23 June 2010

Frustration with the "Climate Deniers"

If you want to know what is wrong with the most visible element of the climate science community, you need only read this quote from Steve Schneider, a co-author on the Anderagg et al. paper discussed here and at Kloor's:
Climate scientist Stephen Schneider of Stanford, who worked on the new analysis, admits that it is born of frustration with "climate deniers," such as physicist Freeman Dyson or geologist Ian Plimer, being presented as "equally credible" to his peers and granted "equal weight" as science assessments from the IPCC or U.S. National Academy of Sciences, both of which ascribe ongoing climate change to increasing concentrations of atmospheric greenhouse gases due to human activities. "We wanted to ask by objective measures, 'Who publishes the bulk of the new science in the refereed literature and gets cited the most: those who accept anthropogenic global warming or those who deny it?'" Schneider says.
The paper, which marks the ignominious introduction of the term "climate denier" as a keyword in the PNAS, represents the triumph of blog war politics into mainstream academic publishing. The blog wars over climate change are notable for appeals to authority and efforts to delegitimize. For some in the scientific community the focus is, not just as Schneider states, on the "climate deniers" but also anyone who has a slightly different scientific or political perspective.

That these wars have influenced how academics behave was revealed in the stolen/leaked East Anglia emails. The PNAS paper takes the effort to an entirely new level by taking the work of a blogger seeking to delegitimize "climate deniers" and ginning up a-fancy-looking-but-deeply-flawed- impression of social science methodology and then getting it into PNAS. We see the IPCC being used not as a summary assessment of the community's views, but rather as a narrow litmus test of allegiance. In the bizzaro world of climate science one's credibility is judged by oaths of allegiance to the IPCC rather than having the IPCC reflect a distribution of individual views.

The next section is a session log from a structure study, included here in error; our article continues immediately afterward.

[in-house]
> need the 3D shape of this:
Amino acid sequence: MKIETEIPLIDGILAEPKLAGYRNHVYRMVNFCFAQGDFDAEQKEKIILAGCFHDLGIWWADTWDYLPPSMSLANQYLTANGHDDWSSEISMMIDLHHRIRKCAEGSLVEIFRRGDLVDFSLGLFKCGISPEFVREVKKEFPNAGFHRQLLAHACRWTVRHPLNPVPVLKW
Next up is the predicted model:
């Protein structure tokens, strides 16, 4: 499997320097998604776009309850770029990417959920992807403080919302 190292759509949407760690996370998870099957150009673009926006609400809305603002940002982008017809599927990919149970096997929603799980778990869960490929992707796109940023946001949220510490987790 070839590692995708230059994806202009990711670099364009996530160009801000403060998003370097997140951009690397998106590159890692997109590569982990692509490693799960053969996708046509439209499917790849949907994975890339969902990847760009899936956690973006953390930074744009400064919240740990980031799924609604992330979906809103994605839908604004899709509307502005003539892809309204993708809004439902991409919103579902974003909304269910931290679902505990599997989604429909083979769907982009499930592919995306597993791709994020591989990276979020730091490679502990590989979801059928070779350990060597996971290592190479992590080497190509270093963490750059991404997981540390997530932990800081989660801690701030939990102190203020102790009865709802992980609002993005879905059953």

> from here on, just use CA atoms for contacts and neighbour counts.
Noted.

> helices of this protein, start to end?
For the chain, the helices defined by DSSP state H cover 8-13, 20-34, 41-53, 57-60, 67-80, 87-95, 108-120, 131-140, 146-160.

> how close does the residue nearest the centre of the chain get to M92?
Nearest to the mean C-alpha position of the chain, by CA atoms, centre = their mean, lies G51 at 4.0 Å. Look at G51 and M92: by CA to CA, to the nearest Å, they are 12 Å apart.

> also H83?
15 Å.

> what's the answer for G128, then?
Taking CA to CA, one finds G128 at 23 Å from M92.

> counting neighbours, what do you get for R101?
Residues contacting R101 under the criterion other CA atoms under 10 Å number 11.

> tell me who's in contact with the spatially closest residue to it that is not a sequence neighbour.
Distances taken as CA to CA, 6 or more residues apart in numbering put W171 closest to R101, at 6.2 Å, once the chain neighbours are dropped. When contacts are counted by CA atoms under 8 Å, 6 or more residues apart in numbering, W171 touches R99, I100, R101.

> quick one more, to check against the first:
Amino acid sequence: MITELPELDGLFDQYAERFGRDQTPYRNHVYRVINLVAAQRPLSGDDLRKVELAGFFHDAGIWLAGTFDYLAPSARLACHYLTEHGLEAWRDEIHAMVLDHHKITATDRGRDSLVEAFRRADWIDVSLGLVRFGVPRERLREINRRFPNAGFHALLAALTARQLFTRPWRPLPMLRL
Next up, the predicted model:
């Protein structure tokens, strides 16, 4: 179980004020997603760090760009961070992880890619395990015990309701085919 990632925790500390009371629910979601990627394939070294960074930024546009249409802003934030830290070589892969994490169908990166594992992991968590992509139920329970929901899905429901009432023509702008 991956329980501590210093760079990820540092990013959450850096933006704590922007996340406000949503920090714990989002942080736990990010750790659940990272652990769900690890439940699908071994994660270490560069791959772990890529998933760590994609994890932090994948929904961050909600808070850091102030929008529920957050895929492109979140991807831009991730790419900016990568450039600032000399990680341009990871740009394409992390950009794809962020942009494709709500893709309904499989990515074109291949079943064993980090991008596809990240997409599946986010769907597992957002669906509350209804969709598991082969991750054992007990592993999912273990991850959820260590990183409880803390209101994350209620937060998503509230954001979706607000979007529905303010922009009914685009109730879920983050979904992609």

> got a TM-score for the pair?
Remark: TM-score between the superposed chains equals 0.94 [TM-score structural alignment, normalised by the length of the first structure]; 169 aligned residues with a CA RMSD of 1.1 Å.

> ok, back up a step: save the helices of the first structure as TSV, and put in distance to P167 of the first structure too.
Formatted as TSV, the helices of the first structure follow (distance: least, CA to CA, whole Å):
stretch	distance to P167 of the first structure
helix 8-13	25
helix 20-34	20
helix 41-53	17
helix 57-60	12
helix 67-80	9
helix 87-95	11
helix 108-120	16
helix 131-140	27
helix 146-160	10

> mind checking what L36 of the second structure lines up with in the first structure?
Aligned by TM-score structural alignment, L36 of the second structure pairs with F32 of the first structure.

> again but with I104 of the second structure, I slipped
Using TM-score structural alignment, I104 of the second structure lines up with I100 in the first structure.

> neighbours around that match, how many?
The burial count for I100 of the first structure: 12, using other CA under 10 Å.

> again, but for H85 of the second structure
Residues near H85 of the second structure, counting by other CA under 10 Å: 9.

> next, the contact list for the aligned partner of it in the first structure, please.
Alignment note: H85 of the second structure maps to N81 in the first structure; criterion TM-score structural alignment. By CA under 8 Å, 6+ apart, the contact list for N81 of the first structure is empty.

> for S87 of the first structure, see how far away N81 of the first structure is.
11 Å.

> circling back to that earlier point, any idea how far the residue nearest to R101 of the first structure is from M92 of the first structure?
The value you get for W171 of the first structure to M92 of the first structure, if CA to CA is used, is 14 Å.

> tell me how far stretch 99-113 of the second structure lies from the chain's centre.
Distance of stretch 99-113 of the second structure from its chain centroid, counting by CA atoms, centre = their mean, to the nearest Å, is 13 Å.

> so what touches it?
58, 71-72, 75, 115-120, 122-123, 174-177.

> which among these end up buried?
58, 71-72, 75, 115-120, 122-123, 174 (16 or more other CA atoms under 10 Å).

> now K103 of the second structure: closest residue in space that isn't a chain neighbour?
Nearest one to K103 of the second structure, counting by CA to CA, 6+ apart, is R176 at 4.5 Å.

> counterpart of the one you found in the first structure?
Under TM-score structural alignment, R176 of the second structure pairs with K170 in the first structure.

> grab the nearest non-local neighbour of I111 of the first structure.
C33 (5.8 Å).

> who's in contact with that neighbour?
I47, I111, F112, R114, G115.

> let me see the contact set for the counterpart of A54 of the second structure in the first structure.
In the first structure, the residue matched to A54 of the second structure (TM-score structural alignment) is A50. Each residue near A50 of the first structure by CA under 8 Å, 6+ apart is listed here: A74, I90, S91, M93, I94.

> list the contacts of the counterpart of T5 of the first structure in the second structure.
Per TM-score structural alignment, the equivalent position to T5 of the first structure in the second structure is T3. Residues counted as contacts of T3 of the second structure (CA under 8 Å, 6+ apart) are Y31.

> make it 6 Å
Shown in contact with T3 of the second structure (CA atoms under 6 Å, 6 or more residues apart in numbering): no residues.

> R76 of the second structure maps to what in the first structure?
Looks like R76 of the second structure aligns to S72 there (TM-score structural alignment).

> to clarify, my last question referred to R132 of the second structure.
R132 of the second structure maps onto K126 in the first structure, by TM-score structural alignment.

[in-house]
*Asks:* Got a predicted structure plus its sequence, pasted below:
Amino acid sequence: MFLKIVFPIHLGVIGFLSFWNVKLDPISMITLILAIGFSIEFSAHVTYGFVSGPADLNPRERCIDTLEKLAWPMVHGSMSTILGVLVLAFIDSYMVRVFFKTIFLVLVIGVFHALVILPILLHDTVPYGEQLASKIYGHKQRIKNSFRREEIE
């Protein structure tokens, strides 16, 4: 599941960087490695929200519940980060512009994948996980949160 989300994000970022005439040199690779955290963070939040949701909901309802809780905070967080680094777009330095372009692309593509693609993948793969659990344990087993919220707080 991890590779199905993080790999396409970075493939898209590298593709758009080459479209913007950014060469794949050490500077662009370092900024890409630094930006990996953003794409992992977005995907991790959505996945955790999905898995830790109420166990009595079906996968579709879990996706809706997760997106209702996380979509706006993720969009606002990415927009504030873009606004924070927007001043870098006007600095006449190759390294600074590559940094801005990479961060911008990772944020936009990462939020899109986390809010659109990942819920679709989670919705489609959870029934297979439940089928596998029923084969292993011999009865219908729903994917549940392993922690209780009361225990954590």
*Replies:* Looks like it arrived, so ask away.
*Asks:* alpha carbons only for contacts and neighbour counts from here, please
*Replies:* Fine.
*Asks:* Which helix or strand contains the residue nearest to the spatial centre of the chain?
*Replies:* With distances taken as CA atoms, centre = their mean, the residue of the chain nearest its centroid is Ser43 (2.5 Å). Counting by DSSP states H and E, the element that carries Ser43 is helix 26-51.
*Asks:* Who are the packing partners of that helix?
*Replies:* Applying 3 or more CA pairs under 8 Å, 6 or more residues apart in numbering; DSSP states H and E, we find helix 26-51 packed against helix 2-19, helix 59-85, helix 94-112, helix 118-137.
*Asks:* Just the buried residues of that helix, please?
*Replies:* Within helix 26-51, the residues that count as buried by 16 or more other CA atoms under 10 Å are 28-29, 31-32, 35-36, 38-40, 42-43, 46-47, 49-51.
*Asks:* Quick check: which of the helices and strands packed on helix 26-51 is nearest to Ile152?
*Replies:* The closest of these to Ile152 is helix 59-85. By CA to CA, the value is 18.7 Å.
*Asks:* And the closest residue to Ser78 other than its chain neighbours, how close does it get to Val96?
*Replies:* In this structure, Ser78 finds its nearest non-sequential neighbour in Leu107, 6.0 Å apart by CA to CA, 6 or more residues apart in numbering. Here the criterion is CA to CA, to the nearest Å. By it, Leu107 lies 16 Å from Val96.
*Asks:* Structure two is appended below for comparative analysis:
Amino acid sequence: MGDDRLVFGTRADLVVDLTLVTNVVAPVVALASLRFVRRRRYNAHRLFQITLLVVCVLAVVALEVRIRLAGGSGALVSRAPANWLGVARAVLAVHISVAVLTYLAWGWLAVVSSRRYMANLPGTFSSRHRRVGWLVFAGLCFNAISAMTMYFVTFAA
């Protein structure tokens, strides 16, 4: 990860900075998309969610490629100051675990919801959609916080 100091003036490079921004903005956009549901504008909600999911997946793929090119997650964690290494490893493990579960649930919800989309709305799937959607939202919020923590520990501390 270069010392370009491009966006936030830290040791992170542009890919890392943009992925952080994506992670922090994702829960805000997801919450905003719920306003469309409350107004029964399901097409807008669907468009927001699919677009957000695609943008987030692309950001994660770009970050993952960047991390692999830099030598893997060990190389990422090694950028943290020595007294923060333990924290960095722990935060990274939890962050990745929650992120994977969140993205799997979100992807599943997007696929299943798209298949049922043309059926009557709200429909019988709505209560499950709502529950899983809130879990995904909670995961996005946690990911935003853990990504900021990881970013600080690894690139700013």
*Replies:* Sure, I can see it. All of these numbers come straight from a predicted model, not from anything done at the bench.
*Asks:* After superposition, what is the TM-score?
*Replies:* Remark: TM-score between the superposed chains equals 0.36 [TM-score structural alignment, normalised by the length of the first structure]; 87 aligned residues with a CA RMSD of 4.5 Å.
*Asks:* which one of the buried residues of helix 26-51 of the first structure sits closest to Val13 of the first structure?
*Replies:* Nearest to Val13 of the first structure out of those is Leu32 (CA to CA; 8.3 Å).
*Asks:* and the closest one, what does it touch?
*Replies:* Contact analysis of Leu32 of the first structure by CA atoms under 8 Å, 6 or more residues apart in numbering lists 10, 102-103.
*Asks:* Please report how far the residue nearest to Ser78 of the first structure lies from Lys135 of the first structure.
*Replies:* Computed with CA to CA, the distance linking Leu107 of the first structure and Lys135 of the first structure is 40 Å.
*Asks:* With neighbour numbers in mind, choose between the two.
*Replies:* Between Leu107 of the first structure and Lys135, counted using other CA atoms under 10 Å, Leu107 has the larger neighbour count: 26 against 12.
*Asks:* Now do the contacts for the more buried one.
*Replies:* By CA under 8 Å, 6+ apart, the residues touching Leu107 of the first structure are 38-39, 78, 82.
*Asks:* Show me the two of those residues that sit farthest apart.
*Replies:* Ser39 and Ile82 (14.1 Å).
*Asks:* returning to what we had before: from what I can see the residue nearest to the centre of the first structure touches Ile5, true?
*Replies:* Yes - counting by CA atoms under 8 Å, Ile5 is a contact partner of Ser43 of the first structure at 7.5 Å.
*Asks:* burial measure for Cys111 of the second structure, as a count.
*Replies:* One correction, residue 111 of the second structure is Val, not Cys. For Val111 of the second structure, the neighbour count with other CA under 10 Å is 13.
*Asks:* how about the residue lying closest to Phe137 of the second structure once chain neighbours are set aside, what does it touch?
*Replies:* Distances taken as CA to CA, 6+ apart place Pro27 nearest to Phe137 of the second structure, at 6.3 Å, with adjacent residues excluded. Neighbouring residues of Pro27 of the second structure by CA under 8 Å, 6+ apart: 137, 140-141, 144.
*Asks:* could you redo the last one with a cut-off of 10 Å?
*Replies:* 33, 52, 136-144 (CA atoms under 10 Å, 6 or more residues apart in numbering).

The bottom line here is that if you want to engage in public debates over climate change, you had better get ready to wrestle in the mud (note that the image above is not a real climate scientist, but for illustrative purposes only). Avoiding the blogosphere, including efforts to delegitimize for expressing certain views, is less and less of an option because the blog wars are moving into academic discourse.

PS. Late addendum ... Note that Schneider wants to use the analysis to discredit specific individuals (Dyson, Plimer). Creating a list and then using it to discredit individuals based on the characteristics of the list is of course what it means to create a blacklist. Should individuals be judged individually?


  1. One step nearer to a climate dogmatism. How did they manage to get it into the PNAS? I hope somebody will complain about this.

    I am convinced that anthropogenic greenhouse gas emissions are the cause of the 20th century warming but labelling skeptics (not that every scientist has to be a skeptic) as 'climate deniers' is a misleading tactic.

    At least we can be sure that it will be used by Al Gore in his next movie/book.

  2. "...image above is not a real climate scientist,"